The Weekend's Viewing: From post-war analgesic to novelistic complexity, anyone interested in the history of American TV would have enjoyed this

America in Primetime, Sat, BBC2 // Bill Bailey's Jungle Hero, Sun, BBC2

America in Primetime contained the single best thing I've ever heard said about great television drama – seven sentences as good as seven weeks of scriptwriting masterclasses. The speaker was David Chase, creator and writer of The Sopranos, and his subject was indirection. He was explaining how his dissatisfaction with the television he was watching shaped the television he made. “People in TV always said exactly what was on their mind, especially in a family situation. But people don't. We all know that. We've all been to Thanksgiving dinners. I would say that 90 per cent of what Tony said, or Christopher, or Paulie or any of them was not the truth. If Tony says 'yes' he means 'no', if he says 'no' he means 'yes'. If Tony says, 'No... I'm in a good mood', you know someone is going down in about four seconds.” In a film eager to exhort us into retrospective admiration, full of very good writers praising the writing that inspired them, that was the line that made the hair stand up on the back of your neck. That's The Sopranos encapsulated, a drama that trusted the audience to do something they do every day of their lives. Read between the lines.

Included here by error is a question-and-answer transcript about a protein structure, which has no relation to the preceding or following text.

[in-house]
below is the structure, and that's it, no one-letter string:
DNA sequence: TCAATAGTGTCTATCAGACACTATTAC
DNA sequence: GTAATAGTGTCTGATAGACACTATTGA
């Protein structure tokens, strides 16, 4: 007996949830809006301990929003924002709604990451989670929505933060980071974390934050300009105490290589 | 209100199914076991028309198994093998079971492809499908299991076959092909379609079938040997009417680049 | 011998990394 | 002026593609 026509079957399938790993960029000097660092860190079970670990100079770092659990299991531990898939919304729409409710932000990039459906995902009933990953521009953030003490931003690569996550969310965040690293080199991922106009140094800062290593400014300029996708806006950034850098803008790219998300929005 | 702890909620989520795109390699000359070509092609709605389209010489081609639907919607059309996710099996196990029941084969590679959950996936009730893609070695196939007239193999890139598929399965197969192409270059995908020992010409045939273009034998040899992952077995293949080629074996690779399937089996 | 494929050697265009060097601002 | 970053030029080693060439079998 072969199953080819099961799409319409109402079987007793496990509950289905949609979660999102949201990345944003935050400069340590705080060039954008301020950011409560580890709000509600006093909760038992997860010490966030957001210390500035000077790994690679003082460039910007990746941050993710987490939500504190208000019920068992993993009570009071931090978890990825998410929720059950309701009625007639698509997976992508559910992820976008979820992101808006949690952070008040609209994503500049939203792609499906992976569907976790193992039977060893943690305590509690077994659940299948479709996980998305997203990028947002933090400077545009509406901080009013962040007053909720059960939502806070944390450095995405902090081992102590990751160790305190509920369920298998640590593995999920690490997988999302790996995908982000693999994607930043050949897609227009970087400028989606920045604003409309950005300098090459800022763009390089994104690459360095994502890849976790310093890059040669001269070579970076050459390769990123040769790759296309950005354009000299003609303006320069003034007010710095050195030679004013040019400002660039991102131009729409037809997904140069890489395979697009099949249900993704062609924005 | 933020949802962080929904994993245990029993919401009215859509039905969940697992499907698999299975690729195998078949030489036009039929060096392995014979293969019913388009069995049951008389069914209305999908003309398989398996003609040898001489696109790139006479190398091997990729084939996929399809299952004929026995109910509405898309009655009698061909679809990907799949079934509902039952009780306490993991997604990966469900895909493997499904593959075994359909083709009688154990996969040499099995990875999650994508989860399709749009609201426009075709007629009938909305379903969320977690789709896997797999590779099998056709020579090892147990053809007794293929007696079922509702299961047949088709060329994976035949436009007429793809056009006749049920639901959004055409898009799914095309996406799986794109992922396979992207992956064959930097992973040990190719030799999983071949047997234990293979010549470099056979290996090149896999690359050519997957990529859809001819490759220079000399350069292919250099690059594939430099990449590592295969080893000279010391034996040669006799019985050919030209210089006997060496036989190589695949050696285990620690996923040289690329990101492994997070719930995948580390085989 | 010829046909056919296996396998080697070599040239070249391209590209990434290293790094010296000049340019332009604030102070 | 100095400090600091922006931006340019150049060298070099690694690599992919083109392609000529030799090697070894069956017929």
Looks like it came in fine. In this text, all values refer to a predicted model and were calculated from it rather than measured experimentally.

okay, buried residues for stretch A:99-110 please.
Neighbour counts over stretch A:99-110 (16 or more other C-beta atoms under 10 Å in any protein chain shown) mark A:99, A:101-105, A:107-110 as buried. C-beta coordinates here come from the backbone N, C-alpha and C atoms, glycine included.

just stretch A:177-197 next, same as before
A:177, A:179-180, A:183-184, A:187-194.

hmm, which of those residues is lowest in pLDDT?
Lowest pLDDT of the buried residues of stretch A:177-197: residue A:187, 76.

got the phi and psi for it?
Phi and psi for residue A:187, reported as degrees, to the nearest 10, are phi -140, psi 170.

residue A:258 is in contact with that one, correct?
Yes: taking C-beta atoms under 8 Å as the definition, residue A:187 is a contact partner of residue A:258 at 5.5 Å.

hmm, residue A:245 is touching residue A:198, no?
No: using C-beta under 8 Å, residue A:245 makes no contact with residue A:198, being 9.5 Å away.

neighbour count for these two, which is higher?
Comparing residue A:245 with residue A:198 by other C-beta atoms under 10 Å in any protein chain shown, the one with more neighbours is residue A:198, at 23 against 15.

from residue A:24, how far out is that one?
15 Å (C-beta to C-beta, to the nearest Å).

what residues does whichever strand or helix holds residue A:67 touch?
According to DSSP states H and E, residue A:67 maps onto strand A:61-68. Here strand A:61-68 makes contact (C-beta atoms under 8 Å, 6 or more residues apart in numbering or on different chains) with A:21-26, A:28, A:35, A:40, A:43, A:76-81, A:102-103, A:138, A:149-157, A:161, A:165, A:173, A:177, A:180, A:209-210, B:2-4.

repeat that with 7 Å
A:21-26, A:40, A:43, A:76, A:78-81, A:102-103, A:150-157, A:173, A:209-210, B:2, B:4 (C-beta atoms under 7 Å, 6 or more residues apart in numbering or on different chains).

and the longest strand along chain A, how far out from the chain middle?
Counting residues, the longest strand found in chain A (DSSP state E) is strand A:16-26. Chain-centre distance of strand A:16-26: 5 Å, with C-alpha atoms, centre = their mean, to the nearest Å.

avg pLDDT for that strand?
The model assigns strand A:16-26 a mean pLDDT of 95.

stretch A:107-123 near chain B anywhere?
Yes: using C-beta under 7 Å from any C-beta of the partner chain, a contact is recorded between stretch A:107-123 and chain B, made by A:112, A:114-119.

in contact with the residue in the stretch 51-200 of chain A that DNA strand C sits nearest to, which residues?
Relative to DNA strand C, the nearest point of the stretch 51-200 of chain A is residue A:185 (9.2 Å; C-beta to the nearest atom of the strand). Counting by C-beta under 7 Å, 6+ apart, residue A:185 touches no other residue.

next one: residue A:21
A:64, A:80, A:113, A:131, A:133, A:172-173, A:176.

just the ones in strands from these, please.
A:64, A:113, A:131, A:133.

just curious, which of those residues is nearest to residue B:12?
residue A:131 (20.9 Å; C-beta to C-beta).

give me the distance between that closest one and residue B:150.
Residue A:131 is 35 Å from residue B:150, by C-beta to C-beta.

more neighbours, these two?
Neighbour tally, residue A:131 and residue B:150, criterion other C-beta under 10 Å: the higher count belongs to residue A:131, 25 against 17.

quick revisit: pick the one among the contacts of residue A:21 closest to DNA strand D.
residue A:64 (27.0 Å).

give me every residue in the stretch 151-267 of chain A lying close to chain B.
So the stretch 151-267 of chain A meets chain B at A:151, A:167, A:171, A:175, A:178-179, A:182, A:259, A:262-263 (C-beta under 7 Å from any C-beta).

The first of a four-part series on American television – made by PBS but repackaged for British audiences by Alan Yentob – “Man of the House” focused on the depiction of masculinity in popular shows, from the now risible simplicities of Father Knows Best to the twisted patriarchy of Vince Gilligan's Breaking Bad. And it was, inevitably, a somewhat triumphalist account of what Yentob described as “the most competitive television market in the world”, aware of the global reach of the industry's products and bound up in a nostalgia that wasn't likely to be shared by all British viewers. When David Chase said that “we've all been to Thanksgiving dinners”, he only underlined a sense that the film was addressed most directly to those who, like him, had personal memories of watching The Honeymooners as a child.